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assume the form of enigmatical ambiguity, resembling that of the ancient Delphic oracles, nor so clear and unequivocal as to stimulate the persons interested, either to accelerate or counteract its accomplishment. So far, therefore, is the obscurity of predictions an argument against their divine origin, that it illustrates the wisdom of God in such an arrangement. The evidence of a divine superintendance is rendered more decisive. The free agency and responsibility of men are not violated, and the great principles which regulate the moral administration of the Deity are displayed in connexion with the purposes and designs of his holy sovereignty.
Prophecies, as far as they are understood, either by past events, or the calculations of a sober and enlightened judgment, tend to animate our hopes and support our confidence, in the great cause of truth and holiness. But no interpretation should be allowed, for a moment, to supersede or interfere with the authority of explicit commands. Predictions are only intimations of the divine purposes; but the divine purposes, however they may guide the mysterious · procedures of the infinite mind, are no rule of conduct to us. It was never designed that mortals, by the aid of a perverted abstraction, should place themselves in the position of Deity, and judge of events and obligations, either in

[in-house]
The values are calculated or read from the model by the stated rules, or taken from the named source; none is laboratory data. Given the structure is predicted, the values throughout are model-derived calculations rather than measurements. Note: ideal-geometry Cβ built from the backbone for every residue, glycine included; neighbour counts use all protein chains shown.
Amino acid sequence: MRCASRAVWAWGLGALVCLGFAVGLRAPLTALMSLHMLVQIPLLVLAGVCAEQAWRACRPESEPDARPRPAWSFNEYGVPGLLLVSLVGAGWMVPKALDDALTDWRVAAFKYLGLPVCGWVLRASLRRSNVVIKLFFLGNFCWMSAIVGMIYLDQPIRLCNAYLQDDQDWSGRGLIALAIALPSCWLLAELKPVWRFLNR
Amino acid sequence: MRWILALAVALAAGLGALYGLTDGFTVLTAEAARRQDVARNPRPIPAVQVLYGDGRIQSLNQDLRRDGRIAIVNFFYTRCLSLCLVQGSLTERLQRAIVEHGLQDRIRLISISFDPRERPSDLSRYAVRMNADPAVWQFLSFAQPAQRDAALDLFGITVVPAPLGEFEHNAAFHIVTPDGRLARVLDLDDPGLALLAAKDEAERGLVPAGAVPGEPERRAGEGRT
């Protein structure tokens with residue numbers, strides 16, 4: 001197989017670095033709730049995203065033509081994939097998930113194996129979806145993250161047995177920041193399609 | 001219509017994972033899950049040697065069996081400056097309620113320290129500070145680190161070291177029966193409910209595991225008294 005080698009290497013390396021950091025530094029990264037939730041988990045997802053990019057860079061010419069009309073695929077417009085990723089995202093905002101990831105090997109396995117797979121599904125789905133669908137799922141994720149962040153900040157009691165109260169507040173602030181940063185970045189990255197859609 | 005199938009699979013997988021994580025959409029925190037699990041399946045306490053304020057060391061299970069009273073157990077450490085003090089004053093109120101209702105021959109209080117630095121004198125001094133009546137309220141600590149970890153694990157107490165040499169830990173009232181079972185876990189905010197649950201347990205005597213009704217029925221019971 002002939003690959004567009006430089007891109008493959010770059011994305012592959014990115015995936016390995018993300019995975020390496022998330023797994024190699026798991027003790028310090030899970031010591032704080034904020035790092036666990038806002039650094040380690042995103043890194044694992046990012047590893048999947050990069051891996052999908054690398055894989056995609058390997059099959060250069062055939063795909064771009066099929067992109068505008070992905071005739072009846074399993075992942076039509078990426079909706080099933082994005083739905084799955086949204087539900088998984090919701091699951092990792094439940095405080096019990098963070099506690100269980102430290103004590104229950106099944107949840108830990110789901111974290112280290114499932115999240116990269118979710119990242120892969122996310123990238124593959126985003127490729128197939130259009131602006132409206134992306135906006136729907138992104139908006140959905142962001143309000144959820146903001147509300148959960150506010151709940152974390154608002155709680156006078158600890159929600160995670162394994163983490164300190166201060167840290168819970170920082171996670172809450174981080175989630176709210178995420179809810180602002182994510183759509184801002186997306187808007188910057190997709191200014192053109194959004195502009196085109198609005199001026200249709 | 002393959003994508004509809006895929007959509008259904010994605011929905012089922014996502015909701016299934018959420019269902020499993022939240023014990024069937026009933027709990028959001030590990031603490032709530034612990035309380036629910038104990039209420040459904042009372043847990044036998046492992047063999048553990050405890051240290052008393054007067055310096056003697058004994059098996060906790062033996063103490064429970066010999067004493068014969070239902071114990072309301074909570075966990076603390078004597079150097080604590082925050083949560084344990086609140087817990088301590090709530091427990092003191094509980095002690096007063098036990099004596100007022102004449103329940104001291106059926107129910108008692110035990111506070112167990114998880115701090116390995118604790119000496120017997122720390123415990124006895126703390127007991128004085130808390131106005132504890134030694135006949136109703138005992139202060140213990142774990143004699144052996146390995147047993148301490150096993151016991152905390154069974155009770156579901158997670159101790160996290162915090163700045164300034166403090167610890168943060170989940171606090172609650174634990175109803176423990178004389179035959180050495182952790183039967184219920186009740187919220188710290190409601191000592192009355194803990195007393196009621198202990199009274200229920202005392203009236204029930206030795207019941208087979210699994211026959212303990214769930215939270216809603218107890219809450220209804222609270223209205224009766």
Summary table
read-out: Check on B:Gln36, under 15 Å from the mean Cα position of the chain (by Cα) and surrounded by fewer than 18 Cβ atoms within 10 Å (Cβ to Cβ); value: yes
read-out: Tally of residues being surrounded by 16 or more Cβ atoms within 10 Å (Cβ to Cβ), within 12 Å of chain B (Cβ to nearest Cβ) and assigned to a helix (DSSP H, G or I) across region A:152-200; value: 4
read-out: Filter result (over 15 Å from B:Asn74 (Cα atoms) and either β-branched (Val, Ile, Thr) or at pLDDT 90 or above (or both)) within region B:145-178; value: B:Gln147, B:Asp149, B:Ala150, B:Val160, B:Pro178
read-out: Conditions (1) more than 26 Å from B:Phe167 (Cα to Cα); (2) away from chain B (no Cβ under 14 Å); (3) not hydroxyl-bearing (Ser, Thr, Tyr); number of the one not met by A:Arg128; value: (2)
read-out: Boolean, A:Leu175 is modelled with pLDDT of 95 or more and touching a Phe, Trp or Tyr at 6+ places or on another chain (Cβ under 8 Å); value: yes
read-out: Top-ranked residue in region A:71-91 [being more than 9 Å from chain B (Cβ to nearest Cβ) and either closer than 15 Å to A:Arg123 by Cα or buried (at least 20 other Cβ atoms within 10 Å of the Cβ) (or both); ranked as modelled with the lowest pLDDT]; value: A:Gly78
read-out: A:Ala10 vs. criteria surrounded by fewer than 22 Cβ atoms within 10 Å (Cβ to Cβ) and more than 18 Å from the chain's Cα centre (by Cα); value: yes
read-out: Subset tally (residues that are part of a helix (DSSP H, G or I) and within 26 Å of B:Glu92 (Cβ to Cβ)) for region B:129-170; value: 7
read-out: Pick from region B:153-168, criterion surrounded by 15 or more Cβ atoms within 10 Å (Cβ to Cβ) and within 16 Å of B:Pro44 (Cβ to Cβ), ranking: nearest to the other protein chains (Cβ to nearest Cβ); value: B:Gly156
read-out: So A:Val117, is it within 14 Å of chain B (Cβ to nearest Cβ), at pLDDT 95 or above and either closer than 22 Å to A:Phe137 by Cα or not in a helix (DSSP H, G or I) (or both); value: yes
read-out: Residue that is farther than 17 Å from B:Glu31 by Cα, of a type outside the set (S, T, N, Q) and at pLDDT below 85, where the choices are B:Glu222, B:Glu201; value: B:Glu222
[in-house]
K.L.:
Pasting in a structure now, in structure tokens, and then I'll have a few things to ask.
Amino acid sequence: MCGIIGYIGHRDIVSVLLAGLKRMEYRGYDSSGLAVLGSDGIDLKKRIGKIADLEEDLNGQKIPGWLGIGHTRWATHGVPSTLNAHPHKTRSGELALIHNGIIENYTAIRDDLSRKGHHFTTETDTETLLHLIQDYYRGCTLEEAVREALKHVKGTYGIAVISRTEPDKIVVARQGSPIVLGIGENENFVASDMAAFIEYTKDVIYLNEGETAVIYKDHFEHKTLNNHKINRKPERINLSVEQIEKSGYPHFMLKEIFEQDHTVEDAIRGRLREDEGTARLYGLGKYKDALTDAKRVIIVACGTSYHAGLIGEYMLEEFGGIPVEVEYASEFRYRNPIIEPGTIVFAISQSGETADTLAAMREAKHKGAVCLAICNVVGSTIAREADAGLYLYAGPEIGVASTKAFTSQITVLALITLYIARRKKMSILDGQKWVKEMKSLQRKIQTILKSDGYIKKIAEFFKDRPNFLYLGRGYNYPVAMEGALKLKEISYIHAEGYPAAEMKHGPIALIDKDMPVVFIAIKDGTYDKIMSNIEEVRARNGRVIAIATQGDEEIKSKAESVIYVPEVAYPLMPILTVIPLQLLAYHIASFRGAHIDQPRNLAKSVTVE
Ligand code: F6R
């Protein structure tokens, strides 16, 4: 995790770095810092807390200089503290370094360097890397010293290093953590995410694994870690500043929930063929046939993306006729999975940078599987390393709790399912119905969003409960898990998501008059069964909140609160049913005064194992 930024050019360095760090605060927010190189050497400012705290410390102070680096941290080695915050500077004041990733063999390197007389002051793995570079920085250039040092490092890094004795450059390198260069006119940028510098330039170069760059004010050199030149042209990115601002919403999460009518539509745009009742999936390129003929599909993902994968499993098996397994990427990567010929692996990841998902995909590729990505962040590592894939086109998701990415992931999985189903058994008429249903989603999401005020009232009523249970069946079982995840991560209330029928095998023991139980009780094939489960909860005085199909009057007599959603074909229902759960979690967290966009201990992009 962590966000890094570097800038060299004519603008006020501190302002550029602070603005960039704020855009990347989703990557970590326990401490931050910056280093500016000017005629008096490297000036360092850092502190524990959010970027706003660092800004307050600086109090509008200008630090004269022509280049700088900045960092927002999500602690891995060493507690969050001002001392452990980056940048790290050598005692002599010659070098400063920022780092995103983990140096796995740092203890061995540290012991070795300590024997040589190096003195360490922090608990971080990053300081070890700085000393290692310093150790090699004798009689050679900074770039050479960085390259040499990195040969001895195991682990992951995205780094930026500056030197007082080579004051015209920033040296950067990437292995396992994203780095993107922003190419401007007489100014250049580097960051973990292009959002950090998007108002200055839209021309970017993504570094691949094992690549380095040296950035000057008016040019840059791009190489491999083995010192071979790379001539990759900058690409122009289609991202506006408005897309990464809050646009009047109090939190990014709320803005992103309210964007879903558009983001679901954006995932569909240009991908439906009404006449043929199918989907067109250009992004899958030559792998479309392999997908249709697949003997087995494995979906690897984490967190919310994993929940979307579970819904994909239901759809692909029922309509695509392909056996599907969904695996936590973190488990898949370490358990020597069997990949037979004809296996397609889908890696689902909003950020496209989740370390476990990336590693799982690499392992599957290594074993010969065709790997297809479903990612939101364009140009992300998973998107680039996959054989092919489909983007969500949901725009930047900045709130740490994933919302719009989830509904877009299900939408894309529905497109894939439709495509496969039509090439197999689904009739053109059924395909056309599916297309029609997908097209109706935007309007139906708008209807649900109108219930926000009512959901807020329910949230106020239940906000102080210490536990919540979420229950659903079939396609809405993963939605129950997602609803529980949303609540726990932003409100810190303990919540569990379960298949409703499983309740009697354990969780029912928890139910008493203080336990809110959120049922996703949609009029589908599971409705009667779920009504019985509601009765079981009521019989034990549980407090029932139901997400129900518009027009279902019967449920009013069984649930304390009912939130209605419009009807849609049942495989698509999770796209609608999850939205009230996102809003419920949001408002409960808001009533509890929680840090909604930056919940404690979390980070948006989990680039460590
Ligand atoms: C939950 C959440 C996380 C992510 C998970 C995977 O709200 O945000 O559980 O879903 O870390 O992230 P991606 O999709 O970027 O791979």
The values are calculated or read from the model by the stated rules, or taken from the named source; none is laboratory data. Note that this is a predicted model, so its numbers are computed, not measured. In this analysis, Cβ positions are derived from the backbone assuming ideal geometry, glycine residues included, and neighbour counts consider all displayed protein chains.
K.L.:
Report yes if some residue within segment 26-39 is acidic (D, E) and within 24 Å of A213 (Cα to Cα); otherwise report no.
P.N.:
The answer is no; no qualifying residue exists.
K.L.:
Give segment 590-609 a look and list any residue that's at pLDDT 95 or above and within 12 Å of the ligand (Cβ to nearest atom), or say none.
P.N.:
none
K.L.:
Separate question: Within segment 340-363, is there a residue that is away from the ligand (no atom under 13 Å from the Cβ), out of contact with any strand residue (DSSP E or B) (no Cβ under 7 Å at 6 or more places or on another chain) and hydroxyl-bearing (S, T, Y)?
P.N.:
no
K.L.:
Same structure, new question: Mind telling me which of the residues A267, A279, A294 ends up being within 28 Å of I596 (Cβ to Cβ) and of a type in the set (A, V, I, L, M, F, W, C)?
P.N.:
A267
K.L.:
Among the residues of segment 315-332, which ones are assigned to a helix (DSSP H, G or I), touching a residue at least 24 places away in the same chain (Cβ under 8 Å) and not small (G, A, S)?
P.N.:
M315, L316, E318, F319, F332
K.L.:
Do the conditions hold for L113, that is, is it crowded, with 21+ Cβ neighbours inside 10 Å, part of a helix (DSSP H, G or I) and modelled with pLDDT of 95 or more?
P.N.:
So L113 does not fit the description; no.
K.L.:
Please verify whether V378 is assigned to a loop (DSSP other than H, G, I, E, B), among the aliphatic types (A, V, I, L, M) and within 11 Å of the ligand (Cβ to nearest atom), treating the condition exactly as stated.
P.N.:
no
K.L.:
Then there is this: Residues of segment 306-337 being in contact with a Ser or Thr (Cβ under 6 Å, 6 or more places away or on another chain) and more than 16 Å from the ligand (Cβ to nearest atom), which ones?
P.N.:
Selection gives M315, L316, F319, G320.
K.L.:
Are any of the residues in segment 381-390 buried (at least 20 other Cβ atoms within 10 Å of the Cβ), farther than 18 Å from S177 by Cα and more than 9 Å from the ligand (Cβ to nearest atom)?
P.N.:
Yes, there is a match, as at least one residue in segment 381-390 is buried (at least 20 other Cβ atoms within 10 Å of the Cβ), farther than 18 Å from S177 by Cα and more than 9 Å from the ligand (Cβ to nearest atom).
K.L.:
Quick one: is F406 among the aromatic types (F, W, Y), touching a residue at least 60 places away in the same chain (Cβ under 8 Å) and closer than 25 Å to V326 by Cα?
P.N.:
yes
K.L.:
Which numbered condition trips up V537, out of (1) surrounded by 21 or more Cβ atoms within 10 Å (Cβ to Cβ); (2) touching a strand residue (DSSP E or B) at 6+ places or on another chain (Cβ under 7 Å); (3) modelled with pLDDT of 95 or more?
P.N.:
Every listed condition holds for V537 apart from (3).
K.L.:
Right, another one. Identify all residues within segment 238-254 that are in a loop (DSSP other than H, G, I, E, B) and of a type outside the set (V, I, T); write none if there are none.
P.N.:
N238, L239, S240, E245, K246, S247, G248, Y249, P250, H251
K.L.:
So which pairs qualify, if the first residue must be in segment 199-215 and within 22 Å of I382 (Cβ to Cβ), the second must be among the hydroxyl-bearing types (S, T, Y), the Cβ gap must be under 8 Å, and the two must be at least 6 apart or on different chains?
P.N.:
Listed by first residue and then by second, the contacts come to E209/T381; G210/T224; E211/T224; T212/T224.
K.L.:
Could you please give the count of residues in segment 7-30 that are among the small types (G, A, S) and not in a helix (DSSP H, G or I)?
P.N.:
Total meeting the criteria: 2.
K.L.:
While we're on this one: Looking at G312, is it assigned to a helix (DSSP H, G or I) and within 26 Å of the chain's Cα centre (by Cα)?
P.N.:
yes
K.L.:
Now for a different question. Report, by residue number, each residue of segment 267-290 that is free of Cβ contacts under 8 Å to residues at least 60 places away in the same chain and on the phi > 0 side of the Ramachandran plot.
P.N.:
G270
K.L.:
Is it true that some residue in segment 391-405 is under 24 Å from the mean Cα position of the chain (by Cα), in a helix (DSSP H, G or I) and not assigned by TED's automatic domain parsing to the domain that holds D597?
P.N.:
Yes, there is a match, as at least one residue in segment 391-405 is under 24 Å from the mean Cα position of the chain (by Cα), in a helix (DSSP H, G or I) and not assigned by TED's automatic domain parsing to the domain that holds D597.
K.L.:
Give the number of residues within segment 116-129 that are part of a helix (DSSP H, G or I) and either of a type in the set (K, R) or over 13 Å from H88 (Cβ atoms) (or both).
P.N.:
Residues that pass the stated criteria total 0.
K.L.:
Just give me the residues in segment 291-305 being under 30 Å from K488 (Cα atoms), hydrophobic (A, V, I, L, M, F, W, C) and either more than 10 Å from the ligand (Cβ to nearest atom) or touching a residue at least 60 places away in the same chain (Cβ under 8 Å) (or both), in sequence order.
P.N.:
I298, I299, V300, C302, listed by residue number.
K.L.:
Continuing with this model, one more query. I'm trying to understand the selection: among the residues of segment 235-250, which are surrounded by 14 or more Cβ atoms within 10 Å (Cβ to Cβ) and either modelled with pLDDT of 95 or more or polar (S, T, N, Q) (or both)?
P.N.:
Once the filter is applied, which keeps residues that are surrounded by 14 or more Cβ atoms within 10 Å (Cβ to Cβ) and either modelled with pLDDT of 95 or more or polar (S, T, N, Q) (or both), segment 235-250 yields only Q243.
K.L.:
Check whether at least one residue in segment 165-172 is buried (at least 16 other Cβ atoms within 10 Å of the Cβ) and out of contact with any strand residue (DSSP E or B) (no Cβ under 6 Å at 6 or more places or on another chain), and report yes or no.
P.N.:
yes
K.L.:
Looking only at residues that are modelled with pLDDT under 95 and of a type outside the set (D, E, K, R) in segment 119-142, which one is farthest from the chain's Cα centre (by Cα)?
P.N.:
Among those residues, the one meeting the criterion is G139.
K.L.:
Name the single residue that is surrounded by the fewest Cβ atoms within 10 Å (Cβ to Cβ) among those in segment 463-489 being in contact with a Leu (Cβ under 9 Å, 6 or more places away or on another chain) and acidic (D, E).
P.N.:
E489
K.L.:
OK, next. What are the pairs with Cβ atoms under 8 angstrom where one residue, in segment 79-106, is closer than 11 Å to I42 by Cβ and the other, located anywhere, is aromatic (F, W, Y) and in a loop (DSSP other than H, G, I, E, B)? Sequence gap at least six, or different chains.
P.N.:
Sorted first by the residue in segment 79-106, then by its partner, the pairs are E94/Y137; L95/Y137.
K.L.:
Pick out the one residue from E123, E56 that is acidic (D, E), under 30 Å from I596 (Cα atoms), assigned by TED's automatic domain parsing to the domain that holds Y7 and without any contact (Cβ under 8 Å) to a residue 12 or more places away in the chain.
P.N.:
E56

reference to themselves, or others, from that position. The lower ground of duty and dependence, is that alone which we can safely occupy. The monstrous notions of some presumptuous expositors of Revelation, are in direct opposition to all the sympathies and obligations which relate to the interests and duties of mankind. Oh! such men have no bowels of compassion, no resemblance to the meek and lowly Redeemer, who, acting as the representative of perfect humanity, and presenting that very model of moral excellence, to which all his true followers should be conformed, indulged in the tenderest solicitude, and manifested all the holy fidelity, which the sins and sufferings of others demanded. He said nothing to diminish the guilt of Judas, while he foretold his treachery. He admonished Peter of the danger of presumptuous self-confidence, while he announced his fall. He asserted, in most solemn terms, the responsibility and guilt of those who betrayed and crucified him, even when he predicted his death. He wept over the city which he knew to be devoted to destruction. His actions resulted from the most perfect impression of all the moral relations which he sustained, as the servant of the Father, and the Saviour of men; and “ he that saith he abideth in him, ought to walk as he walked!”
Hence I observe,
Fourthly, That the spiritual and practical objects designed to be accomplished by the announcements of prophecy, should be continually and devoutly regarded.